A metro-east lawmaker says investigators might not have received all of the emails they sought in connection with Gov. Pat Quinn's scandal-tainted Neighborhood Recovery Initiative, an anti-violence program that critics say was used as a political slush fund.
The grant program is the subject of a federal investigation and also came under fire from the state's auditor general. The auditor general, in a blistering report issued in February, found there were "pervasive deficiencies" in how the program was operated.
But some emails from Quinn subordinates involved with the program might have been hidden from the auditor, according to Rep. Dwight Kay, R-Glen Carbon.
"If it were me conducting the review, and I wanted to run a legitimate review, there's no question in my mind that I would subpoena that information," Kay said Monday.
Kay hired a computer forensic expert to review all of the electronic documentation gathered by the auditor general. The investigator, Andrew Garrett of Decatur-based Garrett Discovery, said emails appeared to be missing from the auditor's collection of documents.
Garrett, in a report, said he "noticed gaps in conversations where emails were sent with no responses, and conversations were broken due to missing email chains."
The investigator also reported that a complete collection of all emails, including deleted ones, can only be compiled by a particular state agency, Central Management Services, which operates the state's $2.4 million email storage program. CMS was headed from June 2011 to October 2013 by a former Quinn chief of staff who helped launch the anti-violence program.
Garrett said if the former CMS head "had been involved in wrongdoing it would be highly unlikely that he or his staff would be willing to deliver materials to the auditor general showing any wrongdoing."
The grant program also is the subject of an investigation by a Legislative Audit Commission. Kay has written a letter to one of the committee members, state Rep. David Reis, R-Olney, stating that "it troubles me to think that deleted emails and/or emails in general" were perhaps not given to investigators.
Reis on Monday said the possibility of missing emails is "certainly something we're going to continue to probe."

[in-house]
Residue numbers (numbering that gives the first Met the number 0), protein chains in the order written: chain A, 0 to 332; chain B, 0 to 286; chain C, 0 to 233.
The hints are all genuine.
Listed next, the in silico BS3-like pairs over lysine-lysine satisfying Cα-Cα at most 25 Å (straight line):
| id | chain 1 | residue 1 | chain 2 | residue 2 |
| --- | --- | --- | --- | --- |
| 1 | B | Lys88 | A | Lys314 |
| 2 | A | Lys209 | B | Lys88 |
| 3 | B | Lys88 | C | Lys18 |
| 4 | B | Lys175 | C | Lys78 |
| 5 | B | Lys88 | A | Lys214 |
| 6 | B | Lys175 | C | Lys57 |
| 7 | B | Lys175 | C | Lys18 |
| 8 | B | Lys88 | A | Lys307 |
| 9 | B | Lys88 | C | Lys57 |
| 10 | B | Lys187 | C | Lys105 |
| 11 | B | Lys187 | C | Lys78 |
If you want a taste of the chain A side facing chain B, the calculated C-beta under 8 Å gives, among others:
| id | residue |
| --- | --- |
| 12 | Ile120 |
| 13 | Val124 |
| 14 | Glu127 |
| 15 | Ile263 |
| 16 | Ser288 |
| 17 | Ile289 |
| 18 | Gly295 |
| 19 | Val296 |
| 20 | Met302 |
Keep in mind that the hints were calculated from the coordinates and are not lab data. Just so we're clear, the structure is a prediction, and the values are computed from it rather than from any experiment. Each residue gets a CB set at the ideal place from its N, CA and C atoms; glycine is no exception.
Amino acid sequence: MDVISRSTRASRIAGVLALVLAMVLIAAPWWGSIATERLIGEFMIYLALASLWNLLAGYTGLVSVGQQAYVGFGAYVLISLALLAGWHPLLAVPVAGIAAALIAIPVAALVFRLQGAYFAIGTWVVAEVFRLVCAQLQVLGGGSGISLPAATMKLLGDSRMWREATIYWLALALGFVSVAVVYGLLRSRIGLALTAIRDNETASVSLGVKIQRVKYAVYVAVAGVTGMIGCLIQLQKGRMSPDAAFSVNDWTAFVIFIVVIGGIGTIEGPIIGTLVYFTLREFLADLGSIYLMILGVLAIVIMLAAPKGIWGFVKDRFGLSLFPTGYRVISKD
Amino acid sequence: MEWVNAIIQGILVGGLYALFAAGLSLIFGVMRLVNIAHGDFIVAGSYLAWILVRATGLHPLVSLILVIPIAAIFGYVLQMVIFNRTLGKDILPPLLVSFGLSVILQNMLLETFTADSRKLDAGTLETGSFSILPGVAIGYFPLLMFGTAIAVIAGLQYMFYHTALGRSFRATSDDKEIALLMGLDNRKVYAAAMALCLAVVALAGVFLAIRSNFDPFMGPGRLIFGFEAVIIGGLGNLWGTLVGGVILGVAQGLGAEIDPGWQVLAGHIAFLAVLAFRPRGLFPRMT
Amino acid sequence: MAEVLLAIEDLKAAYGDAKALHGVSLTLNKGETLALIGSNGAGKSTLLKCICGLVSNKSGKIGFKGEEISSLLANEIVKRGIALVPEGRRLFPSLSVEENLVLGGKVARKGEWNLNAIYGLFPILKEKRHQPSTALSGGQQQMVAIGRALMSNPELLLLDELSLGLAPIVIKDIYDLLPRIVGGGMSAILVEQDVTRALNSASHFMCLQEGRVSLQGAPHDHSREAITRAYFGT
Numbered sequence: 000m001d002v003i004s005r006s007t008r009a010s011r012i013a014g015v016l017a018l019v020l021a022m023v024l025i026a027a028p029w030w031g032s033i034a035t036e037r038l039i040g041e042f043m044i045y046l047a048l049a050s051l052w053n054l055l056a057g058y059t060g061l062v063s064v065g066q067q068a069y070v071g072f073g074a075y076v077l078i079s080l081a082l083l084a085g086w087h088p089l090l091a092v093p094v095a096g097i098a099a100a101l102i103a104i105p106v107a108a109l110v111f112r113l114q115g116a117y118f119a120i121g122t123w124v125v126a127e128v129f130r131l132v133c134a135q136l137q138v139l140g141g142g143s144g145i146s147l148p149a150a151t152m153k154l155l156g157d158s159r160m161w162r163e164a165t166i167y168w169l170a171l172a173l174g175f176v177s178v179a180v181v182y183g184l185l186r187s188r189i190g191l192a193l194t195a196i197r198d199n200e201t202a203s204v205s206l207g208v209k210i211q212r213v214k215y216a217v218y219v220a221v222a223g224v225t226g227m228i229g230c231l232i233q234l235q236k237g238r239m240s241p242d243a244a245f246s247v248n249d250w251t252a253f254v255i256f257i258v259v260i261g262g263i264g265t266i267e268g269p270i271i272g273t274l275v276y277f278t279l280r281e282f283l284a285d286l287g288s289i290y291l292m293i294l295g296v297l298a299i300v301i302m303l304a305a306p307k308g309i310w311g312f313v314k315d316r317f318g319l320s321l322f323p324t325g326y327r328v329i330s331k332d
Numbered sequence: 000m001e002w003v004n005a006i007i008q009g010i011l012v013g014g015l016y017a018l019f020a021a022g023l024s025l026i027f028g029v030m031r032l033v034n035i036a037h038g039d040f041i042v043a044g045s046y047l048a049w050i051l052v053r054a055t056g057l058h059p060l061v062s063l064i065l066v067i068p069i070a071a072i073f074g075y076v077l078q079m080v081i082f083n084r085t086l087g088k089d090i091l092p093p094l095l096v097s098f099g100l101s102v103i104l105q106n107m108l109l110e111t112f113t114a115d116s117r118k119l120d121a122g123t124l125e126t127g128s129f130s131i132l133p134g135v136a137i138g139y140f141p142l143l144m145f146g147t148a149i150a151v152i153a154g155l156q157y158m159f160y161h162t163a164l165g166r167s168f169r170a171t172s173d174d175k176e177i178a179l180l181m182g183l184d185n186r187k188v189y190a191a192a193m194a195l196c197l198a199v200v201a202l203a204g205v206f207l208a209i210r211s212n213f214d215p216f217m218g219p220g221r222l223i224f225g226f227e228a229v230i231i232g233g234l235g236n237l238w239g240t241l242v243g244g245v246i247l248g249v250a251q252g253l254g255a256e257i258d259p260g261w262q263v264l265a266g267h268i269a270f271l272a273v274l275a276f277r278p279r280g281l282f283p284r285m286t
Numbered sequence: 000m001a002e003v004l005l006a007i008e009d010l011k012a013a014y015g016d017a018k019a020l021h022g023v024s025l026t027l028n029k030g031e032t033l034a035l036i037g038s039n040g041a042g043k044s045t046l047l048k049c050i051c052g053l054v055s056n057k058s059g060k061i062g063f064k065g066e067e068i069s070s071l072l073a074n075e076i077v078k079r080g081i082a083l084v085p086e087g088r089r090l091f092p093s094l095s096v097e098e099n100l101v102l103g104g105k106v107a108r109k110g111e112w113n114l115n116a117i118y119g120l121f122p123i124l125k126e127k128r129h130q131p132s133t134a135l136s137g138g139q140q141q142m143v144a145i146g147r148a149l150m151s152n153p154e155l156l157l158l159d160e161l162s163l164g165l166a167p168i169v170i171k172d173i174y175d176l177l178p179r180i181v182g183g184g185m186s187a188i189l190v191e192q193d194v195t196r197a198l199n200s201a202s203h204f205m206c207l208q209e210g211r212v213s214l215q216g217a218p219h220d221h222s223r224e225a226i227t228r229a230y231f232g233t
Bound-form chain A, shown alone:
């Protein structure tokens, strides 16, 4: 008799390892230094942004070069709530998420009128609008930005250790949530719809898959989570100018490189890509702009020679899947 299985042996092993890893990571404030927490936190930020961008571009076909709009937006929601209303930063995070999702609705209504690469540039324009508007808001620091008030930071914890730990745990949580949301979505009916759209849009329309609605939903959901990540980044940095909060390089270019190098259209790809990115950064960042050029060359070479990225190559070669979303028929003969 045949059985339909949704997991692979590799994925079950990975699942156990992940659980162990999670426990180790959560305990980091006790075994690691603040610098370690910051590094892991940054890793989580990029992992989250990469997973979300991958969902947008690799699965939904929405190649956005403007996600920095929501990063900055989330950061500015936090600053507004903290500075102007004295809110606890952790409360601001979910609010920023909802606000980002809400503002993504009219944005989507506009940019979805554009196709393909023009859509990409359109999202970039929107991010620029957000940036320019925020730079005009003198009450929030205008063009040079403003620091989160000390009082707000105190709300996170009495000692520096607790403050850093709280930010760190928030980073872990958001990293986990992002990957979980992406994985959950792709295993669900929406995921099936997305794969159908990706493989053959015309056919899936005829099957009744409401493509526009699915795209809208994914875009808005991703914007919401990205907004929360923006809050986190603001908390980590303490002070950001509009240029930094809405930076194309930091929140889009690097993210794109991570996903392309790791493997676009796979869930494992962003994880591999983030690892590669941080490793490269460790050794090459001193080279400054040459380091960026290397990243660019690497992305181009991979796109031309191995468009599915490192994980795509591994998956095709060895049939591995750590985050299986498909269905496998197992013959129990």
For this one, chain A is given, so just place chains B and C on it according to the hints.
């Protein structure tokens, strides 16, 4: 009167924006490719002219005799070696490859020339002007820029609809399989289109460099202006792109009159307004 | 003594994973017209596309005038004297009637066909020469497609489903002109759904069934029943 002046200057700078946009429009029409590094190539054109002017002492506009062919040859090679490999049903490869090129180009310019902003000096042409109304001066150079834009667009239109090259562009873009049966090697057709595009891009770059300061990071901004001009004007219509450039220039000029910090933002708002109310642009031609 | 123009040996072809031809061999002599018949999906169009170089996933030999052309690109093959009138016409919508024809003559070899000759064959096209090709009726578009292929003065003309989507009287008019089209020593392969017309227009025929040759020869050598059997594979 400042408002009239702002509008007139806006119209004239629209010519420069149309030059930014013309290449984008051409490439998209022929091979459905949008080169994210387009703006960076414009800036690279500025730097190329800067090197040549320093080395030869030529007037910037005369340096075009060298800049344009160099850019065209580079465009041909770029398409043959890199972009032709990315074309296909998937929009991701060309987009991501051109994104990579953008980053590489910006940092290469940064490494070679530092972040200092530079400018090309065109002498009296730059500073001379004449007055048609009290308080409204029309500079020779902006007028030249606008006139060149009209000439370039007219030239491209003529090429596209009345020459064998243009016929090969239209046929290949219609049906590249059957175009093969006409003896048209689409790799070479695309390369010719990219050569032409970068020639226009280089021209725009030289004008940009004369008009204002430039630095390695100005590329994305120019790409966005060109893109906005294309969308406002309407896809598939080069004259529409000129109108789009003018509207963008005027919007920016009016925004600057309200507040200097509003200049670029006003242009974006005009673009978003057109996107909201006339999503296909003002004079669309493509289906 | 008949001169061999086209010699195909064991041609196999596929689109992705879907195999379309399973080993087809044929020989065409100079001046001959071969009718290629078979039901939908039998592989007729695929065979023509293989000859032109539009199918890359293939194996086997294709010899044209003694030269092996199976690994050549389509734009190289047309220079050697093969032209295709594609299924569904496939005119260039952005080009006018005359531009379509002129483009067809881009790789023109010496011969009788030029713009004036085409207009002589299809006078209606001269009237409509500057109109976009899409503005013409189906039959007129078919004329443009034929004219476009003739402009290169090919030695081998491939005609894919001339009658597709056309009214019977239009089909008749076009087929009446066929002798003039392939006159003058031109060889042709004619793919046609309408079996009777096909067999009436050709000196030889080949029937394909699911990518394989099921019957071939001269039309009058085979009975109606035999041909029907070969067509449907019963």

He added, "It's beginning to look like maybe we don't have all the emails."
The commission is scheduled to meet next week for two days in Chicago, and will hear testimony from a handful of witnesses who have been subpoenaed.
Last week, the Chicago Tribune reported that a federal grand jury has subpoenaed the emails of five people who were involved with the grant program. Those five include the former CMS director, Malcolm Weems, who could not be reached for comment Monday.
Quinn spokesman Grant Klinzman said the governor has "taken the program's mismanagement and oversight shortcomings extremely seriously" and has directed all state agencies to "fully support" inquiries made by law enforcement.
"The state is working with (law enforcement) to supply all documents and information needed so they can do their job," Klinzman wrote in an email.
Republicans say Quinn launched the program shortly before the 2010 election as a way to spread money from a slush fund into Chicago areas where he needed to shore up his voter base. Quinn denies the allegation.
A CNN investigation found that temporary jobs created through the program involved marching with Quinn in a parade, attending yoga classes, handing out anti-violence fliers and taking museum field trips.
The $54.5 million program was aimed at reducing crime in the Chicago area. But the audit found that some areas of Chicago with the worst crime problems weren't even included in the program. The audit found that Chicago politicians steered where the money went.